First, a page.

Is Digital Marketing Something You Can DIY?
This past weekend, the ringing I heard wasn’t in my ears. It was the transmitter for our Invisible Fence beeping away in the basement, telling me that something was wrong with the fence.
Being handy — and cheap — I asked everybody’s favorite search engine what the beeping meant and got to work testing the possibilities. Half an hour later, I had my answer. There was a break in the wire running around the perimeter of our property.
And that’s where my handy-ness ended. I called the pros to come out with their specialized radio receiver equipment to find the break and make the fix. They made the fix far faster than I could have, but I was able to save money eliminating all of the other possibilities.
Why should you care about my dog fence? Because you should adopt the same approach to your marketing. Here’s why.
There are, of course, lots of different ways you can market your products and services. All will fall into one of three main buckets.
- DFY (Done for You)
DIY Marketing for B2B Businesses
The DIY approach is going to save you money in the short term but likely cost you in lost opportunities.
You miss out by not spending your time more wisely and you miss out because, unless you have expertise in a range of marketing disciplines, your marketing work isn’t going to be as good as a pro’s. (How often do you build a website? Or create a content marketing strategy? Do you really think you can do it better than a pro?)
Unless you have a depth of knowledge going into the process and the time to stay current on the latest techniques, a strictly DIY approach is going to cost you money.
DFY – Done For You Marketing for B2B Businesses
The DFY approach eliminates those problems, but introduces others.
The experts you engage will have deep knowledge of their domains and will know the latest developments across their marketing disciplines. What they’ll lack is the institutional knowledge of your business. So, there will be a learning period during which results may lag, but as they come to know your business your marketing results will be stronger than you’re likely to get via the DIY path.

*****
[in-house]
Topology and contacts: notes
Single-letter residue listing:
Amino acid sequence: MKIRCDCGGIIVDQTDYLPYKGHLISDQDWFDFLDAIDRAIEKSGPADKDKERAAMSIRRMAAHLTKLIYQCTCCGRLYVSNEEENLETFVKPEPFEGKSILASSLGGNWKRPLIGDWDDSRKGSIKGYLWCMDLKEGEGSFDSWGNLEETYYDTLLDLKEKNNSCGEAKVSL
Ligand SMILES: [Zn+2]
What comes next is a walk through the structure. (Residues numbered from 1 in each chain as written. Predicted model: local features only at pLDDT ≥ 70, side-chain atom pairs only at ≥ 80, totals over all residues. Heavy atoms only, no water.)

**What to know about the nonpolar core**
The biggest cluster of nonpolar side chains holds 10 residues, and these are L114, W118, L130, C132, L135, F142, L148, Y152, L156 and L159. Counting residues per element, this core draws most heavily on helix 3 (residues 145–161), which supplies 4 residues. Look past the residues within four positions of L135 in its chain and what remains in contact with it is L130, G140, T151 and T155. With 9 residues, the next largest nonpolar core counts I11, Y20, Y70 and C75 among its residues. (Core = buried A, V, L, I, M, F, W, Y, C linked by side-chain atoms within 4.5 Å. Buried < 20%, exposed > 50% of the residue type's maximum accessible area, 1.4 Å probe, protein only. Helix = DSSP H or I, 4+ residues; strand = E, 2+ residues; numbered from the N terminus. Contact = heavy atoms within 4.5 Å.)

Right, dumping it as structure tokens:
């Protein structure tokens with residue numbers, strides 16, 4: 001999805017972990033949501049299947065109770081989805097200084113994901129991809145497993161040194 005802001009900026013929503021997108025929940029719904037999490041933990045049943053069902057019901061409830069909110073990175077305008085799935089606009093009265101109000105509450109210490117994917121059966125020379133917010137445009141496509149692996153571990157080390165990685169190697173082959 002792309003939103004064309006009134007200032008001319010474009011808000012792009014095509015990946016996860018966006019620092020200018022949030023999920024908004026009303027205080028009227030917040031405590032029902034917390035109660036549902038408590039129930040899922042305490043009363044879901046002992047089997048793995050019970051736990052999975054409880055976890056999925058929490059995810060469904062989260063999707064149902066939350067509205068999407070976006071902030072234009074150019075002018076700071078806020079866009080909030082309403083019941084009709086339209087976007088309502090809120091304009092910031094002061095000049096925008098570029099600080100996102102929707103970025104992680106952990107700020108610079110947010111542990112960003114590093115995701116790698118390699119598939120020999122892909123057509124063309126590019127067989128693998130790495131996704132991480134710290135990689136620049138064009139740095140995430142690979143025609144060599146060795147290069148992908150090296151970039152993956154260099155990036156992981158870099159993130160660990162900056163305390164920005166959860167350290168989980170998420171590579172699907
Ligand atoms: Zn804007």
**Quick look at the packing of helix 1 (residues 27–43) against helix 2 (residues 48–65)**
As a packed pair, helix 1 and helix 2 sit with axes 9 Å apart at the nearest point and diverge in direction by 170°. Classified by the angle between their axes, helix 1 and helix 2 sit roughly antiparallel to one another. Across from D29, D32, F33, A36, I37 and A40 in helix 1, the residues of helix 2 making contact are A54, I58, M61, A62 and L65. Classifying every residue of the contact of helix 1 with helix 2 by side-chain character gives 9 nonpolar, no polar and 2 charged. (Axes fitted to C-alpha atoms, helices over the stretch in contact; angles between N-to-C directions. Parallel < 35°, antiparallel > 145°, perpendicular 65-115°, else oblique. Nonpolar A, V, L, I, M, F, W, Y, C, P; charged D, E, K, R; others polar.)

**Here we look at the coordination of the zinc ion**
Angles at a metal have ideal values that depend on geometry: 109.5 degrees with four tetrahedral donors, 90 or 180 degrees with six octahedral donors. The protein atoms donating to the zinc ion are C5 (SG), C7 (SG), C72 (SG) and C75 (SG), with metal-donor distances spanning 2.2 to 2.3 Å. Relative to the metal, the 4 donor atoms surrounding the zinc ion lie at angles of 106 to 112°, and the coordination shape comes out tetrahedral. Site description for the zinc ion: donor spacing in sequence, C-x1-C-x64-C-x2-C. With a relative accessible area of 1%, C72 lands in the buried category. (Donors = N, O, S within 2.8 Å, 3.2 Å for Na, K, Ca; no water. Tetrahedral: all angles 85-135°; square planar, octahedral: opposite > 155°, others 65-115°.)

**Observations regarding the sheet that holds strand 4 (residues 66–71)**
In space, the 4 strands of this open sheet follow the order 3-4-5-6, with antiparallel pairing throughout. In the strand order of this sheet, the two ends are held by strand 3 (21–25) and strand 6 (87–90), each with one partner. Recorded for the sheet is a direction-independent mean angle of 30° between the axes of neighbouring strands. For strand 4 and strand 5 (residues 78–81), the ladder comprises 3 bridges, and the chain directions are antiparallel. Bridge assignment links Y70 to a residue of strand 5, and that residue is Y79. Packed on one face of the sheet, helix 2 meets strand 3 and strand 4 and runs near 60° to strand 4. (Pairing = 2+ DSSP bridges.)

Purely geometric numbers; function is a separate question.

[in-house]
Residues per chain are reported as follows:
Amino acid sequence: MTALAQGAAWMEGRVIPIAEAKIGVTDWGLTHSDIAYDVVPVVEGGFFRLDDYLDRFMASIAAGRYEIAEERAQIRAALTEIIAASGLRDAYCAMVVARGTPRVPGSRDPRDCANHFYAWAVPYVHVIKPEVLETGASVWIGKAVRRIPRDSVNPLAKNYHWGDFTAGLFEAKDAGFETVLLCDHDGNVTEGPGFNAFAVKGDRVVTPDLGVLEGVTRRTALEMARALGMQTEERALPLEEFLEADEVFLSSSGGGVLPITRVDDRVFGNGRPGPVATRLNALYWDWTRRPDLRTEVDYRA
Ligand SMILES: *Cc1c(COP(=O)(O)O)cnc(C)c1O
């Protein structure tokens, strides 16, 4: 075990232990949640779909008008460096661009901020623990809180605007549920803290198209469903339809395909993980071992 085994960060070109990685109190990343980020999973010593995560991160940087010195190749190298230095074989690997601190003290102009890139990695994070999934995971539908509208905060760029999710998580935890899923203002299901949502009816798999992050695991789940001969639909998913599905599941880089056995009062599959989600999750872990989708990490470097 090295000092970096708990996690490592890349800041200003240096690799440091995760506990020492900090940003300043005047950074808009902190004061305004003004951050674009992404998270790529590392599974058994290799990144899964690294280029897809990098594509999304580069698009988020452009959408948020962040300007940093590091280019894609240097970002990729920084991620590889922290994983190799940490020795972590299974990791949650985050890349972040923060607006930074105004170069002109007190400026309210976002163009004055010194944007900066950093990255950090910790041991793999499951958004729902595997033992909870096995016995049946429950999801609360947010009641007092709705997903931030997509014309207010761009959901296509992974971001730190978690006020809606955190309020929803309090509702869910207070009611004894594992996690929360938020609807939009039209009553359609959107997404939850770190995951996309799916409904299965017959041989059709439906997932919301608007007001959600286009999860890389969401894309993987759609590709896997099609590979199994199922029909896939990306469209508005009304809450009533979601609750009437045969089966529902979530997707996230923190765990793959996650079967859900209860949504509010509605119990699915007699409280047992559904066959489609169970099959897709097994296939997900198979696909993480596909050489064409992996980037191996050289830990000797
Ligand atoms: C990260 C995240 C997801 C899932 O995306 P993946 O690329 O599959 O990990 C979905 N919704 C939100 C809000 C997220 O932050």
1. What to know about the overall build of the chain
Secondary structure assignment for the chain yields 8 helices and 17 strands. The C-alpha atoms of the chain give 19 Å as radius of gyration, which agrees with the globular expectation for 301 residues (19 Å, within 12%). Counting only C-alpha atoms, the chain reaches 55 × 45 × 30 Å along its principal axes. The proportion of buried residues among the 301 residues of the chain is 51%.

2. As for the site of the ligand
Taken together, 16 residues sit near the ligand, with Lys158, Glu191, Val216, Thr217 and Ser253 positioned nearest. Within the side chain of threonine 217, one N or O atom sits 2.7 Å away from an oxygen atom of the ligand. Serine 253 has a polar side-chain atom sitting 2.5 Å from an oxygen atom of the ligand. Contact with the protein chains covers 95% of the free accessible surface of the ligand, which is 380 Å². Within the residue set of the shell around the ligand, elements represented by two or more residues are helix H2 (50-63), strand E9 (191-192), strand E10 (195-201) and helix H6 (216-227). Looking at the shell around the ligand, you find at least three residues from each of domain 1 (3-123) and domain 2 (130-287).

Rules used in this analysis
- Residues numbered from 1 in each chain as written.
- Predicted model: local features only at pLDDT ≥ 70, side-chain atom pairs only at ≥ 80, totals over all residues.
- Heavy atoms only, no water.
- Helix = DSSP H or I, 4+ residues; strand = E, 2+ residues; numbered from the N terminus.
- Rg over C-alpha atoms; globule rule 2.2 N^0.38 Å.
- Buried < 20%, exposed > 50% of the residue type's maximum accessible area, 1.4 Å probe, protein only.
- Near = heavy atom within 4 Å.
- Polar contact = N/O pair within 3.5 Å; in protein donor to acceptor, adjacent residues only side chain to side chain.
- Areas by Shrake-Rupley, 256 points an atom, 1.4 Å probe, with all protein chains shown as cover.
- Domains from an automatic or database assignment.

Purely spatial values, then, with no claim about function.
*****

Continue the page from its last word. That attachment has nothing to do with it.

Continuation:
This may be the route to go if you simply don’t have the bandwidth to participate more fully in your marketing, as might be the case during periods of rapid growth.
The Collaborative B2B Marketing Approach
Better than either of these options is the collaborative approach to digital marketing. It marries the best of both worlds: You provide your deep knowledge of your business, your customers, and your market; your marketing experts bring their experience and perspective.
This is true whether those experts are outside consultants or team members you add to your staff. In either case, the marketing team must be collaborating with all departments within your organization in order to succeed.
Marketing can’t happen in a vacuum. It must feed on — and have an impact on — the conversations occurring between your sales team and prospects, between your customer service teams and your clients, and within your product development teams.
Who Does What on the Marketing Team?
Be careful about hiring a strategist. You definitely need a solid strategy, but you also need a clear plan for implementing that strategy and the resources to follow through on that plan. At the very least, a strategist needs to visit your front line team down in the trenches on a regular basis.
There are exceptions to these rules of thumb and you have to tailor your approach to you firm’s needs. Just be sure you have someone leading the team who can guide you through all available options and possibilities, move you back and forth between initiatives as needs dictate, and who can help you integrate marketing into sales team activity and other initiatives.
Related story: What Is B2B Product Marketing, and Why Is It So Important?
Since 1996, Andrew Schulkind has asked clients one simple question: what does digital marketing success look like, and how can marketing progress be measured?
A veteran content marketer, web developer, and digital strategist, Andrew founded Andigo New Media to help firms encourage audience engagement through solid information architecture, a great user experience, and compelling content. A dash of common sense doesn’t hurt, either.
His work touches social media, search-engine optimization, and email marketing, among other components, and he has presented at Social Media Week NY and WordCampNYC, among other events. His writing appears in various online and print publications.
Andrew graduated with a B.A. in Philosophy from Bucknell University. He engages in a range of community volunteer work and is an avid fly fisherman and cyclist. He also loves collecting meaningless trivia. (Did you know the Lone Ranger made his mask from the cloth of his brother's vest after his brother was killed by "the bad guys?")